One of the key measures of drug use that we have always used is the number of drug-related deaths. The Government say that they have declined by 2 per cent, but I noticed that the figure was a comparison between 1999 and 2005, whereas every other figure in the document compares 1998 with 2005. If you take

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those figures, the 2 per cent decline becomes a 10 per cent increase. I cannot believe that was done on purpose, but I would like the noble Lord when he winds up to explain exactly why that discrepancy in the figures occurs.

Overall, the statistics produced by the Government are odd. For example, the claim that drug use has stabilised does not bear comparison with the level of drug seizures or the fact that cocaine use is at its highest ever level in this country. Noble Lords are aware that statistics are like bikinis; what they reveal may be very interesting, but what they conceal is far more important. Over 20 years in the drugs field, I have learnt that the figures that we are given, genuine though they may be, need to be treated with a very large pinch of salt. It is unarguable, however, that by any measure—overall drug use, drug-related crime, drug-related deaths, level of drug seizures, cocaine use, or whatever—the UK has the worst drug problem in Europe by a long measure and the second worst in the world after the United States. If the Home Secretary, as she writes in her foreword,

she and I have very different ideas of what constitutes progress.

Realistically, there are only two things that you can do about drugs. You can try to reduce the demand for them, or you can seek to control their supply. To reduce demand, you provide treatment for the existing addict population and you try to prevent the rest of the population taking drugs in the first place. Somewhat obviously, you focus your efforts on young people. Rightly, the Government make strong play of their education programmes. While there is always room for improvement, here in the UK we now have pretty much the most comprehensive drug education in the world. In some parts of the country we have children in their second or third generation of drug education. It is worth remembering that in his foreword to the first ever drug strategy in the 1990s, Michael Howard wrote that many teachers would discover that their pupils knew more about drugs than they did. If it was true then, it is even truer now. If it is even half-true, why have we not seen a substantial drop in drug use? The problem is that the Government have not understood that education is only the solution inasmuch as ignorance is the problem; and ignorance is not the problem. There is no evidence from anywhere in the world that drug education by itself leads to any meaningful reduction in drug use, and to pretend otherwise is deception.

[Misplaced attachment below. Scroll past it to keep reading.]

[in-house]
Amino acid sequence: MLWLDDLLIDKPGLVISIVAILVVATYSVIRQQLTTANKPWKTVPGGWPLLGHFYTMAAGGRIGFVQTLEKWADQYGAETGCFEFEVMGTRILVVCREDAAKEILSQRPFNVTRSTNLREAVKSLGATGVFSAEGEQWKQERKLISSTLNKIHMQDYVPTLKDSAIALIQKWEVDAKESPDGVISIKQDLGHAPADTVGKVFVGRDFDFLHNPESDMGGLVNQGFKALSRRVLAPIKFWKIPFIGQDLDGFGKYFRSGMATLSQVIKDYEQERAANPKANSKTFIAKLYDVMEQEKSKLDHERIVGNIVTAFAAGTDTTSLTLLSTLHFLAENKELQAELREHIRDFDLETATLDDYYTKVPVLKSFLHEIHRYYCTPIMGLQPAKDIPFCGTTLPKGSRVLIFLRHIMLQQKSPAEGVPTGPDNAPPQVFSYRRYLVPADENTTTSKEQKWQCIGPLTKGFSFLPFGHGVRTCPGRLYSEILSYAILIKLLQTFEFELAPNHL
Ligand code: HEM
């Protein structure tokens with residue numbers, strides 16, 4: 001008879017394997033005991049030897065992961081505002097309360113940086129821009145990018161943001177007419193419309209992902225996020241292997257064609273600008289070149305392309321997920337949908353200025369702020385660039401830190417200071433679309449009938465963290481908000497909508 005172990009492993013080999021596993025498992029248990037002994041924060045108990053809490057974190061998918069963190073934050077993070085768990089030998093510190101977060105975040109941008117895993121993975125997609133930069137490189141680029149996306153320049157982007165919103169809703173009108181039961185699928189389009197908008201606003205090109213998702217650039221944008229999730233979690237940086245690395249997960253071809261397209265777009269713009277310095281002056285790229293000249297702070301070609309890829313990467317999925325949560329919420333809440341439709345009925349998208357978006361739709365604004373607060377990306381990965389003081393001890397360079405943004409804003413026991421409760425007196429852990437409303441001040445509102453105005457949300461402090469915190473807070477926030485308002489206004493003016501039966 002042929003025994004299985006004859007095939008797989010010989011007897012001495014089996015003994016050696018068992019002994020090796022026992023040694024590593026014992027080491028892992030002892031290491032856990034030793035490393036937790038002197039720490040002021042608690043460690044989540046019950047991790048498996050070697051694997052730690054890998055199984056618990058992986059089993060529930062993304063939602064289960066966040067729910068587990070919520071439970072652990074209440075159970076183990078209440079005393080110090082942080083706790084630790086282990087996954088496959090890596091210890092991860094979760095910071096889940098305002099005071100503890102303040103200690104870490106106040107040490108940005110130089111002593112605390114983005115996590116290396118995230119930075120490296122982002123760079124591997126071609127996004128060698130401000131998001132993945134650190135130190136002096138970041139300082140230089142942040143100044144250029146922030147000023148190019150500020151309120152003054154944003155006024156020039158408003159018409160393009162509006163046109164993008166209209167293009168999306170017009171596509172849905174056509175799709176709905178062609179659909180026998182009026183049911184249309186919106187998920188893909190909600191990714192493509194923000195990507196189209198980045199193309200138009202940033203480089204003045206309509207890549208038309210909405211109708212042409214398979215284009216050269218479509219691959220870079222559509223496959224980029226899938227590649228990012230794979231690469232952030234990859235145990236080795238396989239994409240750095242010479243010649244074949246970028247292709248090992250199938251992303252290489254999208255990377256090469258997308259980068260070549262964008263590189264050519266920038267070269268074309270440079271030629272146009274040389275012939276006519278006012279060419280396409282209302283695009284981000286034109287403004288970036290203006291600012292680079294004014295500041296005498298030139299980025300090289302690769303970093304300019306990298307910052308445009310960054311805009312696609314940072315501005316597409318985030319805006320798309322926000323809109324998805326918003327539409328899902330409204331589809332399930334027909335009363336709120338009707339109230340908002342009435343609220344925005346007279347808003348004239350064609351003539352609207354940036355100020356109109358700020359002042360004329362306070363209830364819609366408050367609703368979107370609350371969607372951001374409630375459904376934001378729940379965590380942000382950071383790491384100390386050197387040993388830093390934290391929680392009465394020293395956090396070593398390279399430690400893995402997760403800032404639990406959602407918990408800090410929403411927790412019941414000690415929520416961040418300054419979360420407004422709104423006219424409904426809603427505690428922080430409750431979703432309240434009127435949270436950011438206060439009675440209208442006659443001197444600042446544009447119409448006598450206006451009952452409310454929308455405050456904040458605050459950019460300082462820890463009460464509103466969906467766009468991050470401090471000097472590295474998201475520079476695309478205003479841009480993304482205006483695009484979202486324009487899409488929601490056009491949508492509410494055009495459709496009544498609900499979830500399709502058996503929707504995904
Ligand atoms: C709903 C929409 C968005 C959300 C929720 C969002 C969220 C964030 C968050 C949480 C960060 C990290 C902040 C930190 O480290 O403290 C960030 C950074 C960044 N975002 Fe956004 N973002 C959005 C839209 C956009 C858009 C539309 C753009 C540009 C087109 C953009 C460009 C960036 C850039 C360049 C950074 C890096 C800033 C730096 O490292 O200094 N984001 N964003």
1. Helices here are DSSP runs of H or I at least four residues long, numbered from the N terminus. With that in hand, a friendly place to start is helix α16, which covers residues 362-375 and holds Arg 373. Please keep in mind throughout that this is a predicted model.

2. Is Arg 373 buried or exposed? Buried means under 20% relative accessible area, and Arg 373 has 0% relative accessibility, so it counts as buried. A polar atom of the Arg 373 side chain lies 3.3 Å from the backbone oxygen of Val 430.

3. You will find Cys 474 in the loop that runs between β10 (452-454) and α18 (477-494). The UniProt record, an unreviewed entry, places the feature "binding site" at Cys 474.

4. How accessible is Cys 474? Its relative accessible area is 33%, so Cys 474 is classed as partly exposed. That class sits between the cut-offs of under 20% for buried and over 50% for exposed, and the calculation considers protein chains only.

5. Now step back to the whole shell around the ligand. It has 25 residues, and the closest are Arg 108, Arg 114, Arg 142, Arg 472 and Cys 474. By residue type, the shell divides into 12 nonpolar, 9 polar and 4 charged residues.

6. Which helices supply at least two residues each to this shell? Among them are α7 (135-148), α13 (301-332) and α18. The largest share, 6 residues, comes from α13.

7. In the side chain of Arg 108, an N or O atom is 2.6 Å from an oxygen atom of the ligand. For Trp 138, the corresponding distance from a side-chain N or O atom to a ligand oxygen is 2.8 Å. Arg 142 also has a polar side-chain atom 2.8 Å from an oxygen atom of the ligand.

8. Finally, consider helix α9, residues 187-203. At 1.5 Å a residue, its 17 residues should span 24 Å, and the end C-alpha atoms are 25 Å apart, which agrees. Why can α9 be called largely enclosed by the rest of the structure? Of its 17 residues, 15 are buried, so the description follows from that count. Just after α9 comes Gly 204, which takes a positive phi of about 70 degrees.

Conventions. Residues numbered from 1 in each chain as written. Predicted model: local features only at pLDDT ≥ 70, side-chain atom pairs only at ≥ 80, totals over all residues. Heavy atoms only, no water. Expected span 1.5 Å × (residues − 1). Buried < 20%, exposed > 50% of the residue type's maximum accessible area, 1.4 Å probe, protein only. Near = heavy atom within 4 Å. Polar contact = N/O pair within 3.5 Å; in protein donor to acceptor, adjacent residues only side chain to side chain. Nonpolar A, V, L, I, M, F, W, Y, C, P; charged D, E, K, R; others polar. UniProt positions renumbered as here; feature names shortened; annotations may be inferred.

The Government still do not seem to understand that education and prevention are two very different things. If there is ever going to be a solution to the drug problem, it is in preventing drug use in the first place; but the word “prevention” occurs only twice in the Government’s document. The second question in the consultation paper is, “What is the most effective way to keep children off and away from drugs?”. The answer is that we do not know, and we are not going to find out if the Government do not spend more than 13 per cent of the budget on researching drug prevention.

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We need drug prevention; we need evidence-based, carefully researched drug prevention. This is a major gap in the strategy.

All those points are really just scratching away at the surface. They are important, but they are tactical details, and they will not work if the overall strategy is wrong. It is wrong, and we all know it. Despite the Government’s increasing focus on reducing the demand for drugs, the reality is that it will all come to nothing if they cannot control the supply of drugs. They know that, which is why, despite the growing focus on demand reduction, 80 per cent of the budget is spent on attempts to restrict supply by using the criminal justice system.

The central plank of the Government’s policy—not just for the past 10 years but for the past 30 years—has been the Misuse of Drugs Act, which purports to enforce a practical prohibition on those drugs that are perceived to be harmful. With the exception of cannabis, most drugs, such as heroin, cocaine, and amphetamines, are not actually illegal, but rather they are “controlled drugs”, which means that their supply and use is strictly regulated. The trouble is that the regulations do not work and thus there is no control. Far from restricting the supply and use of those drugs, the current controls actually encourage their supply and use. It is not that prohibition is, per se, wrong, but rather that it does not work.

Chapter 5 of the consultation document looks at interdiction abroad, under the heading, “The UK market and supply routes”. The two objectives in invading Afghanistan were the defeat of the Taliban and the eradication of opium poppies, which provide 80 per cent of the world’s supply and 90 per cent of the heroin on UK streets. The past two years have seen a doubling of the poppy crop in Afghanistan. Does anyone think that farmers increase their production if they cannot sell their crops? Those poppies are coming here to be sold as heroin and, if the heroin coming into the United Kingdom increases, so does drug use.